John Soderberg

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Keeper of the Gate
Keeper of the Gate
Keeper of the Gate
18" H, Edition of 36
 

Keeper of the Gate

Many diverse cultures throughout the world and back through time have had legends of the Little People. Often benevolent, sometimes mischievous, they observe the doings of the Big People with interest, and flit back and forth between their world and ours.

In Celtic mythology, as well as in others, the important or powerful times or places were the Gates--those times or places that were "Between"--between night and day, land and sea, forest and glade, between the rational world and the other.

The transition between onestate of existence and another, or one place and another, was seen as a time of sensitive vulnerability, or of opportunity. Magic could happen during that time of delicate change when pragmatic existence sometimes seemed to stretch thin and become transparent, and logic itself seemed open to aesthetic interpretation.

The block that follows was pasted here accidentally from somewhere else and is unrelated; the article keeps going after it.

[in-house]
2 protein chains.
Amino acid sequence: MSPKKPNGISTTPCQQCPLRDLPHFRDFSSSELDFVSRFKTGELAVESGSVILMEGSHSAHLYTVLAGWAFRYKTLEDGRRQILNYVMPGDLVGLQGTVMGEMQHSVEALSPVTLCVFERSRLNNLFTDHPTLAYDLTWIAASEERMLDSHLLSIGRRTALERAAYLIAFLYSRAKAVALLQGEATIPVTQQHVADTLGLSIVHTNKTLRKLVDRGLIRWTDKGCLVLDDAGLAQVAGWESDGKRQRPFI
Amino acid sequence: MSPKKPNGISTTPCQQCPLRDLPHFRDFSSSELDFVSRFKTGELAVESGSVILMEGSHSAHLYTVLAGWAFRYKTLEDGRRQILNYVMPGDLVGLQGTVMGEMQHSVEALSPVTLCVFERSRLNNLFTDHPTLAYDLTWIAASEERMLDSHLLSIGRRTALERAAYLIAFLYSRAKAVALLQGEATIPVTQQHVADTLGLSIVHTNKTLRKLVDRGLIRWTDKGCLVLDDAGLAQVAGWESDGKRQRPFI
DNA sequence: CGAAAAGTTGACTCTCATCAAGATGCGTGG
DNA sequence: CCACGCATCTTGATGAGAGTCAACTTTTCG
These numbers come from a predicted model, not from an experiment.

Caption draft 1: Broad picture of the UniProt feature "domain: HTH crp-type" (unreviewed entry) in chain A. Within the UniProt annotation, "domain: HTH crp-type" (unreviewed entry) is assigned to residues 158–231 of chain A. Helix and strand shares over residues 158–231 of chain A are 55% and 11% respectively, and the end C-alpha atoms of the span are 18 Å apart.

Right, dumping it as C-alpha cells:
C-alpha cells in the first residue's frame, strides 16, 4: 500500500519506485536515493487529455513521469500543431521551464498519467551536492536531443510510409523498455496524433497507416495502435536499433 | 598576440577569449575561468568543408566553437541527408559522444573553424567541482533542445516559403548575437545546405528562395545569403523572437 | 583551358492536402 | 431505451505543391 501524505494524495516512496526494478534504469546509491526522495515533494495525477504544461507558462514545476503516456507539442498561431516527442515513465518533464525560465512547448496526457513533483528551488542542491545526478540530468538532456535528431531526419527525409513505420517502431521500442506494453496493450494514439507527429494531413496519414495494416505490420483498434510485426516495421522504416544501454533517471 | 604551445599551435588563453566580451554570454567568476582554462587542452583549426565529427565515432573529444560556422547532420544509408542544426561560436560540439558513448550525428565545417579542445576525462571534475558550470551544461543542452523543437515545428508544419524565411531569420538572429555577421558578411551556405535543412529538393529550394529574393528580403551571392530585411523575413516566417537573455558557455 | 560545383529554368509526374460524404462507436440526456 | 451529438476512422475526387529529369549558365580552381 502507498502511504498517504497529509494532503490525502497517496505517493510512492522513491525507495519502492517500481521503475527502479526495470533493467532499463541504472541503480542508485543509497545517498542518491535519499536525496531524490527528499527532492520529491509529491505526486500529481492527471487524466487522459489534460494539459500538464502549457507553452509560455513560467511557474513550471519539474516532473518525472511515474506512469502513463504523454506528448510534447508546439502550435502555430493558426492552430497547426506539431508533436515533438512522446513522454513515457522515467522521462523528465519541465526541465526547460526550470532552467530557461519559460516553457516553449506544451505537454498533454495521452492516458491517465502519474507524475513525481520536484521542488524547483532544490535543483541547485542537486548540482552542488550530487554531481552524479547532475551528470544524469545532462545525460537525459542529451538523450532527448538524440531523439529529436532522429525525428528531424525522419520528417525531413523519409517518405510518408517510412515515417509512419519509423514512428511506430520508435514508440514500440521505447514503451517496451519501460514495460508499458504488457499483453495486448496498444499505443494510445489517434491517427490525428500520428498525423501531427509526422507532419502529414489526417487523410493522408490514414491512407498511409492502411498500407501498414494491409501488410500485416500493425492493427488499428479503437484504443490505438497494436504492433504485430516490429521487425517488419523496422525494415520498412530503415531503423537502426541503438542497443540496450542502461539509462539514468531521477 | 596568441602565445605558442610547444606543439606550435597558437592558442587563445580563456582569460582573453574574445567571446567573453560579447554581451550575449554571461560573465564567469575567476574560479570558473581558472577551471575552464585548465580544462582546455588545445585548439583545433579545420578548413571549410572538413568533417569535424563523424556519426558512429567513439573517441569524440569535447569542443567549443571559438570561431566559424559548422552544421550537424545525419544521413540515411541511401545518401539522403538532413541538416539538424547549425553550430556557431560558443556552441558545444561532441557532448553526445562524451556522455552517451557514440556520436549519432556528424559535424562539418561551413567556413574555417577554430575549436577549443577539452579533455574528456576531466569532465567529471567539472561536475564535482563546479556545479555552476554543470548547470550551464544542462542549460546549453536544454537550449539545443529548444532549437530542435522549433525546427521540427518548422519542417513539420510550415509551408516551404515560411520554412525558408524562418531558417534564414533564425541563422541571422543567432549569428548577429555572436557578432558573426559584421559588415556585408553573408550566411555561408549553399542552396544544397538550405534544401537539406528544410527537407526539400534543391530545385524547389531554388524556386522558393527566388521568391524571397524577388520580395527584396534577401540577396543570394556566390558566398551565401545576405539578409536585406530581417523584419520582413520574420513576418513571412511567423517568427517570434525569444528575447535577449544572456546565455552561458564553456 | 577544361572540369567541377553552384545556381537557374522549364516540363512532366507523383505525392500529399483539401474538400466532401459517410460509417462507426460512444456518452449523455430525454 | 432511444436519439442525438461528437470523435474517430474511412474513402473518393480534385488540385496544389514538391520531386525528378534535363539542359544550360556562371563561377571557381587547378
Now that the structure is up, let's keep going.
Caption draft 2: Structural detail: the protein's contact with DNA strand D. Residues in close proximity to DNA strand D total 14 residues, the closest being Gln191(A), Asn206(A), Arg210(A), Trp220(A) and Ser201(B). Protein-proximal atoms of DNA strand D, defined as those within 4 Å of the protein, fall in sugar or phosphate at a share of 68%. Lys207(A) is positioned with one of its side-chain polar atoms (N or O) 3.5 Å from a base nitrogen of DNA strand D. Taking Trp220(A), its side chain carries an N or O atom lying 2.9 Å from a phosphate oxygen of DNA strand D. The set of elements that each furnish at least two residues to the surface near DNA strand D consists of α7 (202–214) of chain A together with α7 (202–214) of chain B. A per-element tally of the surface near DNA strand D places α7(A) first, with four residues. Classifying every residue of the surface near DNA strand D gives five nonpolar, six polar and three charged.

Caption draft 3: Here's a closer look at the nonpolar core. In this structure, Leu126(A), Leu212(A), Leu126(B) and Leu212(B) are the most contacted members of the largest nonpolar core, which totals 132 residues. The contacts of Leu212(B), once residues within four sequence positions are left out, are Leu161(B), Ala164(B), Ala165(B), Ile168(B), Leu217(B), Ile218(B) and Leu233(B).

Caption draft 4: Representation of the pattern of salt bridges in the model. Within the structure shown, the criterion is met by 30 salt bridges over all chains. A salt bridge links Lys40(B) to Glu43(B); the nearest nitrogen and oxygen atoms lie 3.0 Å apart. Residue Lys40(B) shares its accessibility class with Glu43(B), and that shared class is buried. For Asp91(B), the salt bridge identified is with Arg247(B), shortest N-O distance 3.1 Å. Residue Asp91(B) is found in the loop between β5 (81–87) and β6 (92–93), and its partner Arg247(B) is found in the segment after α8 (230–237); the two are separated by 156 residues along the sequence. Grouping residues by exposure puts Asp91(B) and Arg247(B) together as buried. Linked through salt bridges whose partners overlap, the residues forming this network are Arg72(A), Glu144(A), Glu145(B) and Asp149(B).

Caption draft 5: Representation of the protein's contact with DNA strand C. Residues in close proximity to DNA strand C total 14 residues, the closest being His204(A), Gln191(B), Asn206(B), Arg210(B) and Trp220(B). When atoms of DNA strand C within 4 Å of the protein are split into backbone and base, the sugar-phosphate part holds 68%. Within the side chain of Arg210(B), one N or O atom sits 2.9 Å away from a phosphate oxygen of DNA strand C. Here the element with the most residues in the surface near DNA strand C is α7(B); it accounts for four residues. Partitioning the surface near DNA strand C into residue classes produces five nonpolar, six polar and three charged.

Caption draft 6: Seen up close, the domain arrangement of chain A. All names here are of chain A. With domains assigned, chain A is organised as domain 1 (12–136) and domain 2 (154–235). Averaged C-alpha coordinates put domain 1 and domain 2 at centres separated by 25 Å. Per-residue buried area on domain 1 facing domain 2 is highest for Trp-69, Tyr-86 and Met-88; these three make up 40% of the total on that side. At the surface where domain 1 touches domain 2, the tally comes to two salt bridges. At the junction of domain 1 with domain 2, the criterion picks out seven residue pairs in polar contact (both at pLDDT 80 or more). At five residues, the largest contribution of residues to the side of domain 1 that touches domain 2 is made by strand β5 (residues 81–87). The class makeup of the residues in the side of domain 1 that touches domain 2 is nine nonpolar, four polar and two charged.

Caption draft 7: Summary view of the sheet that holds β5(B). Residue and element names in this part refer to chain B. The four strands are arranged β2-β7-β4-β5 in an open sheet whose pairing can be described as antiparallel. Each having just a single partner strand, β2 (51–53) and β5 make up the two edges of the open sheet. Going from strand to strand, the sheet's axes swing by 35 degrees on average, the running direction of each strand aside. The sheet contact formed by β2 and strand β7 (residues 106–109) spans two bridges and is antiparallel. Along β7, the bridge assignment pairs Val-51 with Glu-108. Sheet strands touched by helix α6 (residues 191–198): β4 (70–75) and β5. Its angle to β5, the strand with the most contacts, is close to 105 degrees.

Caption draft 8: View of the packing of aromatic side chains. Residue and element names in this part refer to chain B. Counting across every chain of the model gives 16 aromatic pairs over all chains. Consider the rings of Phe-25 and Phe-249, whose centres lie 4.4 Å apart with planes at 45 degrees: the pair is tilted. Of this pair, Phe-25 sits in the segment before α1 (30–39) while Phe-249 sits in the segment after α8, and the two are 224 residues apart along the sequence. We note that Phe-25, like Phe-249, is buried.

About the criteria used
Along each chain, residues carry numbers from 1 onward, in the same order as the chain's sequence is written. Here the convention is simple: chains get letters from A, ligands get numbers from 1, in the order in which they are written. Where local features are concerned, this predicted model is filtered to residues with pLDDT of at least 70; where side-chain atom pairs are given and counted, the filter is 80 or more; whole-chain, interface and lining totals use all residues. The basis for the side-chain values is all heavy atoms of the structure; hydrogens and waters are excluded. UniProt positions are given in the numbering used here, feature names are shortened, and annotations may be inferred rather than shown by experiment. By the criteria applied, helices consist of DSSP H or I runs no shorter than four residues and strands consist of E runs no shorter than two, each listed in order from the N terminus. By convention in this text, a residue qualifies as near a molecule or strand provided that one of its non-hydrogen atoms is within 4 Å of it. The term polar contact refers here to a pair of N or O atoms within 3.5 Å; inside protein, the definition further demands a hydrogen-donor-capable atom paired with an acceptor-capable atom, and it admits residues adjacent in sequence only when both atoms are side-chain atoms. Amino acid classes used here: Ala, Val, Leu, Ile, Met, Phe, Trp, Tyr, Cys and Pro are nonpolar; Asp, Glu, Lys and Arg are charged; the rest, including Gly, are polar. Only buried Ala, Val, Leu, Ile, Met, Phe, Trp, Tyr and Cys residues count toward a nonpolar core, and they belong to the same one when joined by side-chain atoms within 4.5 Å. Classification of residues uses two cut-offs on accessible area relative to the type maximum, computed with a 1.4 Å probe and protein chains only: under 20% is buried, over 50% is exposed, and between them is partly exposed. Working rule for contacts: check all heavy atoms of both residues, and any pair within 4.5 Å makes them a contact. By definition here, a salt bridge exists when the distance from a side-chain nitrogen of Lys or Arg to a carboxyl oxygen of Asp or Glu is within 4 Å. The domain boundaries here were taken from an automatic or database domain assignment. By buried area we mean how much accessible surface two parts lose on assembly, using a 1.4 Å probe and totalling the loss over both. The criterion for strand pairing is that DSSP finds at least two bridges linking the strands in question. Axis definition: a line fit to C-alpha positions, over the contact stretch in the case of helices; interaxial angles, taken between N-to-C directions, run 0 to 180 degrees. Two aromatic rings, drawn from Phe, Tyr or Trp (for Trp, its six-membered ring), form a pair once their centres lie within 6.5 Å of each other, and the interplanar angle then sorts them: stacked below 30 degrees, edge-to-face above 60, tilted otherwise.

The Keeper of the Gate was charged with the awesome responsibility of keeping the magical world pure. Ever vigilant, she guards against evil intent, working in concert with the natural world, both plant and animal, in the form of a pygmy owl and a mobile mushroom with feet.

Her baby, a symbol of perpetuity, sleeps cradled in a walnut shell as the Keeper of the Gate rises on her avian steed to face a suspected challenge to the integrity of her world. But, her human form and maternal state hint at the possibility that with care and respect and gentle communication, we of the rational world might briefly enter the gate, and for a time, slake over aesthetic thirst in that other world.